Wilton Manors took a major step towards fulfilling its commitment to diversifying city boards with the appointment of Jasmen Rogers to the Community Affairs Advisory Board.

Rogers, a political consultant, has an impressive resumé of work with civil rights, labor, feminist and health organizations. She identifies as a queer Black woman and is a newcomer to the Island City.

“I’m super excited to be a resident of the city and contributing to it,” Rogers told the commission at its July 27 meeting.

Rogers said she met with Commissioner Mike Bracchi to develop strategies to make Wilton Manors welcoming and inviting for all.

“Jasmen is a dedicated, hard-working public servant who will bring passion and vibrancy to our Community Affairs Advisory Board,” Bracchi said. “I’m excited to see what she will do to help our Island City.”

As the founder of Folding Chair Consulting, Rogers works to empower generations of Black women and allies. The company is a homage to the late U.S. Representative Shirley Chisholm. The first Black woman elected to Congress, it was Chisholm who famously declared, “If they don’t give you a seat at the table, bring a folding chair.”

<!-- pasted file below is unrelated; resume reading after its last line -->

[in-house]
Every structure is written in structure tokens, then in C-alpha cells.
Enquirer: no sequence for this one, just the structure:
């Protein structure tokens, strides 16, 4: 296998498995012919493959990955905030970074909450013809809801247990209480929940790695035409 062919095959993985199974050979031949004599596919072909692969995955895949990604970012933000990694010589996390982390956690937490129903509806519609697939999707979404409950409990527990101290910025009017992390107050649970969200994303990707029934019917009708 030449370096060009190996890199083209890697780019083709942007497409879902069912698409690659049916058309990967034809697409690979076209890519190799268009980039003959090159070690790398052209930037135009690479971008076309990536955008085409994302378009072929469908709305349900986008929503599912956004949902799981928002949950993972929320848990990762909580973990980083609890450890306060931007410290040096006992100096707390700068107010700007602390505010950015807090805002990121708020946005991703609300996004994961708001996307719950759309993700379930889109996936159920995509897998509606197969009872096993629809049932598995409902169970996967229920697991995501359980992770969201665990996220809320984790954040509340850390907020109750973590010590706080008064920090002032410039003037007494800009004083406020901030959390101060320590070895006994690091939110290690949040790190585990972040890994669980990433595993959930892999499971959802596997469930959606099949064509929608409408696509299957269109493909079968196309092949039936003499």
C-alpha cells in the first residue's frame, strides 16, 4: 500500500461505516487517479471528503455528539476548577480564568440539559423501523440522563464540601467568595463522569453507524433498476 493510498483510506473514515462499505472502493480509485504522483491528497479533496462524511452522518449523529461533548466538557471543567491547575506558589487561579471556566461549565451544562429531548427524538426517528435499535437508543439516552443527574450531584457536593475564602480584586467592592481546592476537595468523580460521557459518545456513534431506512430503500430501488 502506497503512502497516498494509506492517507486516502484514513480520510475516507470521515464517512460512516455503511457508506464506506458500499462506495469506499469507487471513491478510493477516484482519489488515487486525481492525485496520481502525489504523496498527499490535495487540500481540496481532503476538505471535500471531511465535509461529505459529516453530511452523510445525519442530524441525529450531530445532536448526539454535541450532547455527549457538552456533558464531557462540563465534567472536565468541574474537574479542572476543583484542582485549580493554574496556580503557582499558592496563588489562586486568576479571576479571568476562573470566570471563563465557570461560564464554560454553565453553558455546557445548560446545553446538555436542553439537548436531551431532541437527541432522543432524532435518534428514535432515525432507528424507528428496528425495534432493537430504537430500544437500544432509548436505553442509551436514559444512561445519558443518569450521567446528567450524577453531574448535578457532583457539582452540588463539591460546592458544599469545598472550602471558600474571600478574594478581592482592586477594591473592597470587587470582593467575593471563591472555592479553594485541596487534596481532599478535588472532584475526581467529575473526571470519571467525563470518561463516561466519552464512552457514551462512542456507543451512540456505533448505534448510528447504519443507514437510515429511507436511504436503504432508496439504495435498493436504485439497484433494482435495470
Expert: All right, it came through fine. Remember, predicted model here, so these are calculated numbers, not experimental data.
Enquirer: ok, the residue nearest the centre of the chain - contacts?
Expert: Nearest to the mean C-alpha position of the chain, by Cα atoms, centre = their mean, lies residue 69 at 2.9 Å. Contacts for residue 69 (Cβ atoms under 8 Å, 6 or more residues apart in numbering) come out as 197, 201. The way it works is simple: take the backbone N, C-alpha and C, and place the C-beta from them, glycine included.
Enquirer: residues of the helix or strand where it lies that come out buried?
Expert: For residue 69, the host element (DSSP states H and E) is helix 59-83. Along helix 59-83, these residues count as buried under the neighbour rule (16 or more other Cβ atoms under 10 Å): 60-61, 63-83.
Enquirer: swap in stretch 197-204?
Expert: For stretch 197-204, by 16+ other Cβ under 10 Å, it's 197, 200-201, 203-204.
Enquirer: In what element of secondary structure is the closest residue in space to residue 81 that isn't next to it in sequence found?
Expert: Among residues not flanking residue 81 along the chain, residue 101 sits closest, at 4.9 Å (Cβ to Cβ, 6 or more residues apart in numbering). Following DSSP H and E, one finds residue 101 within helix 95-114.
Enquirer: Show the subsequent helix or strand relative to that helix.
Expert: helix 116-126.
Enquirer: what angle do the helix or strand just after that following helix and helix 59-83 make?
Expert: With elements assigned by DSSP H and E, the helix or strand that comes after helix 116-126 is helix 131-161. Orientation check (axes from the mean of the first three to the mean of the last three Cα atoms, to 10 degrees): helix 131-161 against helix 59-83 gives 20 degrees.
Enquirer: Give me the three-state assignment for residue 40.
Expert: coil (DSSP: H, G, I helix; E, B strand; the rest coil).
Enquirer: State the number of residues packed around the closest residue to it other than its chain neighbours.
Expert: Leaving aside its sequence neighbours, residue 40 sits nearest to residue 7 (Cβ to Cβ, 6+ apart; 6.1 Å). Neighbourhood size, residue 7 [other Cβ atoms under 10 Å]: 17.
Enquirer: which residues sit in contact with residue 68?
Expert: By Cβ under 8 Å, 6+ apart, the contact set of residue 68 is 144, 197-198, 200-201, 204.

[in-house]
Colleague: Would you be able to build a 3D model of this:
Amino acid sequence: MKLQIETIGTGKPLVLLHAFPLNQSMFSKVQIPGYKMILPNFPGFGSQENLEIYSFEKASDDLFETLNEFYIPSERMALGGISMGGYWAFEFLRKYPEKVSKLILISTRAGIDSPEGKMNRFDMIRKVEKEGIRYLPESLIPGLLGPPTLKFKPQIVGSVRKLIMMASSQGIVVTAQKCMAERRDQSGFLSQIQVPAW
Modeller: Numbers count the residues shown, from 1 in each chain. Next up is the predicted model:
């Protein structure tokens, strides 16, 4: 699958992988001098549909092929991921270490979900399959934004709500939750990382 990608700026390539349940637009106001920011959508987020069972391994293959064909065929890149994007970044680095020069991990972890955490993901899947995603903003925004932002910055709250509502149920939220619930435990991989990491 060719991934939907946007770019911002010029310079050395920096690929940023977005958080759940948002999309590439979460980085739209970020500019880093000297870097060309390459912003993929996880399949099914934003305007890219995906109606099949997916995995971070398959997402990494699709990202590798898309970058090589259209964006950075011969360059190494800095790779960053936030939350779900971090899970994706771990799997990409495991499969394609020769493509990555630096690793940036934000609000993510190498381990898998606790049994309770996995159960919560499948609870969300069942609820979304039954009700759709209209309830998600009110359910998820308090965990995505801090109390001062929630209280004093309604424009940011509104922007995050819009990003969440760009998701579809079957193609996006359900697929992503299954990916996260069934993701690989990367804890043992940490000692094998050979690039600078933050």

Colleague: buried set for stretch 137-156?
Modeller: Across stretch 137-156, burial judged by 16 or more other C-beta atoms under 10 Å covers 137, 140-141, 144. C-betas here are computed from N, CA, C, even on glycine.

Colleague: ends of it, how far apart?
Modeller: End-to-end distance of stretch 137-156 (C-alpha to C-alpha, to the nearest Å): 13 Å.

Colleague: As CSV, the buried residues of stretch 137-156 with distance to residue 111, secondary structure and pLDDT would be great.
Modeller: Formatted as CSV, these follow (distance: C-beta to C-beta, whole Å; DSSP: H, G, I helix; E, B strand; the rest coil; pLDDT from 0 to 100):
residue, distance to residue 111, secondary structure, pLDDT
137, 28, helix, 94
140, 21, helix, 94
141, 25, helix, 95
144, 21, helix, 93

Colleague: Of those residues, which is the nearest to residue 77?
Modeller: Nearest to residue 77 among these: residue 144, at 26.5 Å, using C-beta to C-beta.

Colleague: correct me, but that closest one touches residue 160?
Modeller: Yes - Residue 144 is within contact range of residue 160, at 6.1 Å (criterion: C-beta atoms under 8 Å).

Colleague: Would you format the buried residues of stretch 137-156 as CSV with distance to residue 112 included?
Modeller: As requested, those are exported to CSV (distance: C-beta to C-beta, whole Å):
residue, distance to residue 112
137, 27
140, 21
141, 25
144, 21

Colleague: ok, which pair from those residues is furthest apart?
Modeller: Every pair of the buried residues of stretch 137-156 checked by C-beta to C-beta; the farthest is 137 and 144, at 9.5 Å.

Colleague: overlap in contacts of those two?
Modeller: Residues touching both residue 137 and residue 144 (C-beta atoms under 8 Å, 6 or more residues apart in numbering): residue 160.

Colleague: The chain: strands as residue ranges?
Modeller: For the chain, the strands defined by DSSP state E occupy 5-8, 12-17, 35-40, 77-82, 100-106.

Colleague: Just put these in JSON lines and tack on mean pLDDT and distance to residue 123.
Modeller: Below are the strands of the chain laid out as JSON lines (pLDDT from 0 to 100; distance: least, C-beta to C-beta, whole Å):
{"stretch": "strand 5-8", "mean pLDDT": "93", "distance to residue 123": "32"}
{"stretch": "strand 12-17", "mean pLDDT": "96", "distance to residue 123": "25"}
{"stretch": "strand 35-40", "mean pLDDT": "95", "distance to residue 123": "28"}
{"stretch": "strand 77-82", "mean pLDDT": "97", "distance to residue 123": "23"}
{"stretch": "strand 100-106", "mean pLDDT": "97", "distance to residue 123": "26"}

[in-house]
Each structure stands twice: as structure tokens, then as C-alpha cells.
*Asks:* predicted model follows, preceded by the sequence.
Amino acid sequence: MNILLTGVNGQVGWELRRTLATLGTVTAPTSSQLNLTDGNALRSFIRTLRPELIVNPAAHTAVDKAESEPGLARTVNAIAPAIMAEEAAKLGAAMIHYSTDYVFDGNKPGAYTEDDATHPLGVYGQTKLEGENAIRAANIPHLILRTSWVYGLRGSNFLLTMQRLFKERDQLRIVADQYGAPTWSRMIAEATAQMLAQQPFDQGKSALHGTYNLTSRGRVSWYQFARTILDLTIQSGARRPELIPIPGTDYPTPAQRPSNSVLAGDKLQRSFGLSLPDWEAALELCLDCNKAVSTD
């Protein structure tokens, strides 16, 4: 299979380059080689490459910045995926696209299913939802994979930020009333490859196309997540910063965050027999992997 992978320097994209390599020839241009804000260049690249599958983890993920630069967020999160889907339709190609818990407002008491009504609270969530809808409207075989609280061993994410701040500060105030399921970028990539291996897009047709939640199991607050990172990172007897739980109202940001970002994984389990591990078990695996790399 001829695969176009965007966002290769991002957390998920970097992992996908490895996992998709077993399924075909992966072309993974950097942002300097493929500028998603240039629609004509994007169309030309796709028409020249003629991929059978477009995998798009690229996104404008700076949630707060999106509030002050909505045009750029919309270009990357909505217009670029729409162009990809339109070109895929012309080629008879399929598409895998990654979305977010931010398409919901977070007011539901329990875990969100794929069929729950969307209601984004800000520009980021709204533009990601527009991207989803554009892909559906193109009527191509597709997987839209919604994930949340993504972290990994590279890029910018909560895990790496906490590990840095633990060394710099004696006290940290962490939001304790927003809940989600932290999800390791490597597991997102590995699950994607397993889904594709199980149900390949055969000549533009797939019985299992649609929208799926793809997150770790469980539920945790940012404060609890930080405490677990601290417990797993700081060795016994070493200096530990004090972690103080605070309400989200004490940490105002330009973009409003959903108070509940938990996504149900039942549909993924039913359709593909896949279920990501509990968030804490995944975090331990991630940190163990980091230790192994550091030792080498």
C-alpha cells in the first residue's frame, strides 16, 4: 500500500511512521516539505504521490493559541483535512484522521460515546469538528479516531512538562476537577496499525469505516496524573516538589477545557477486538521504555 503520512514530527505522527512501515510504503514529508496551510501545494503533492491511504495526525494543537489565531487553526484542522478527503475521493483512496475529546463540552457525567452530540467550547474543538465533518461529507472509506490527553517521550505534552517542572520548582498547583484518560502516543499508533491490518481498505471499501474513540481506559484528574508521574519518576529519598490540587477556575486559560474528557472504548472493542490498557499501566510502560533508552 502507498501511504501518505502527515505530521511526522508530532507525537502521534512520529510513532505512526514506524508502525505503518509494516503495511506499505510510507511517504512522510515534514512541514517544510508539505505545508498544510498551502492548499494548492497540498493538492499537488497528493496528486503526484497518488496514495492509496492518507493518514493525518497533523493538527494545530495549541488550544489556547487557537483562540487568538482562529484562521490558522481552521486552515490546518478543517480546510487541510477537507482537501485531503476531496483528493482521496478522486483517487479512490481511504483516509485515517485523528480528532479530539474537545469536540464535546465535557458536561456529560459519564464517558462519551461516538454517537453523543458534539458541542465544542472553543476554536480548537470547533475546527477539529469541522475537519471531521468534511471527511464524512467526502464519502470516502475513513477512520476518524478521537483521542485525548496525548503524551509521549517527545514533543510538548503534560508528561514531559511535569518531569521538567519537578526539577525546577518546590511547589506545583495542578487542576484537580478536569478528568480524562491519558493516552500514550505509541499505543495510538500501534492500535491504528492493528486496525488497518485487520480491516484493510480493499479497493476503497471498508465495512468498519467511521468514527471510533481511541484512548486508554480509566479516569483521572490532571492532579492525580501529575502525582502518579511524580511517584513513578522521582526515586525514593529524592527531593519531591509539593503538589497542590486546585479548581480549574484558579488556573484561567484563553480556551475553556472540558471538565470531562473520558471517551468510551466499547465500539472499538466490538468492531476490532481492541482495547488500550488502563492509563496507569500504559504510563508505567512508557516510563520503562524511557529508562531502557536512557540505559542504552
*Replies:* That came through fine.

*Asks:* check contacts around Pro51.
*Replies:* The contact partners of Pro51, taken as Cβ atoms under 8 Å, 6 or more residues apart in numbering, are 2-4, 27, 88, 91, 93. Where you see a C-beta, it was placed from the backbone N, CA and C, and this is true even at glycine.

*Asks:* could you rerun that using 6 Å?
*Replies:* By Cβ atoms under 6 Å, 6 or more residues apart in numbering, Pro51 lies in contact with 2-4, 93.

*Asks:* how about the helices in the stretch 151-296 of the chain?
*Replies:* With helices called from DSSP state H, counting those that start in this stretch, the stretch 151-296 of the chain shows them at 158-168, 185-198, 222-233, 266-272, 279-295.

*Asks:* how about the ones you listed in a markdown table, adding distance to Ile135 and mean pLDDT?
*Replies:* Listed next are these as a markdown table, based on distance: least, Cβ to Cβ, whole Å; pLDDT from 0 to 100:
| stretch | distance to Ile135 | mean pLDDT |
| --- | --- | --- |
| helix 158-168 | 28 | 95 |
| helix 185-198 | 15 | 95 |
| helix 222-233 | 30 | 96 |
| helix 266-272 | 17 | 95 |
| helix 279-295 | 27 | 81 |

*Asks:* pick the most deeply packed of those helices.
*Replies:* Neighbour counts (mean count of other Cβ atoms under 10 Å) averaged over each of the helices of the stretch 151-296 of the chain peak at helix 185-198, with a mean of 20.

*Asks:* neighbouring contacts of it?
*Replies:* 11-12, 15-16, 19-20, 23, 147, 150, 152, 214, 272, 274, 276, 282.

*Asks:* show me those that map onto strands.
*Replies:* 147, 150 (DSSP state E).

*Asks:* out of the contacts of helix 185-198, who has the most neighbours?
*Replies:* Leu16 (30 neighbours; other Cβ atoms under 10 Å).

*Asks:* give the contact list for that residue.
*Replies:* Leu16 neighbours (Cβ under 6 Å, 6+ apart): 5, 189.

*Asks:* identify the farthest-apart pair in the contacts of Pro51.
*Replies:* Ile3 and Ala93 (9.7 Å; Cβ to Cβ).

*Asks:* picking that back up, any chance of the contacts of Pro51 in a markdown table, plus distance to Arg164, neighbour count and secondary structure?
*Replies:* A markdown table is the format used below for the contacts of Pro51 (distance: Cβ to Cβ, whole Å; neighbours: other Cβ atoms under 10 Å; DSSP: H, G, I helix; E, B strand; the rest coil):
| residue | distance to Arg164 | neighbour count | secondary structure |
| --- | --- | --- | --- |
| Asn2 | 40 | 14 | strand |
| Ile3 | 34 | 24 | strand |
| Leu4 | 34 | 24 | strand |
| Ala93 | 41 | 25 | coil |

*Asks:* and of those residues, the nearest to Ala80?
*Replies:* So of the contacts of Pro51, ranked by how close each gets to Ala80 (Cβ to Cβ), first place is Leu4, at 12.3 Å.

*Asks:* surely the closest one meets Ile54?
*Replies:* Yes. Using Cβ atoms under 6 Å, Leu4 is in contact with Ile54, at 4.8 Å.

Rogers told SFGN she feels like she’s found her groove again and is ready to get to work.

“Working through CAAB is the perfect opportunity to expand diversity in Wilton Manors,” Rogers said. “There’s been a lot of talk but now is the time for actual action to back it up.”

Rogers said she intends to increase outreach efforts to Black, Brown and LGBT businesses. She said food and cultural festivals and car shows are some ways the board can showcase why life is better in Wilton Manors.

Acknowledging painful moments of past racial injustice along with promoting voices for better-paying jobs and fair housing are key strategies Rogers wants to deploy.

“Fifteen dollars an hour is not a living wage,” Rogers said. “It’s more like $21 an hour.”

Before moving to Wilton Manors, Rogers campaigned for the Florida House of Representatives in District 95. She lost a close election for the central Broward seat in the 2020 Democratic primary to incumbent Rep. Anika Omphroy.

Recently, it was revealed Omphroy is under investigation for failing to disclose how she spent nearly $48,000 in campaign cash. The case has been turned over to the office of State Attorney Katherine Fernandez Rundle in Miami-Dade County’s Eleventh Judicial Circuit.

Rogers said she has no plans to run for the seat again but is keeping a close eye on the investigation.

“If something distasteful happened, I want to know about it,” she said.


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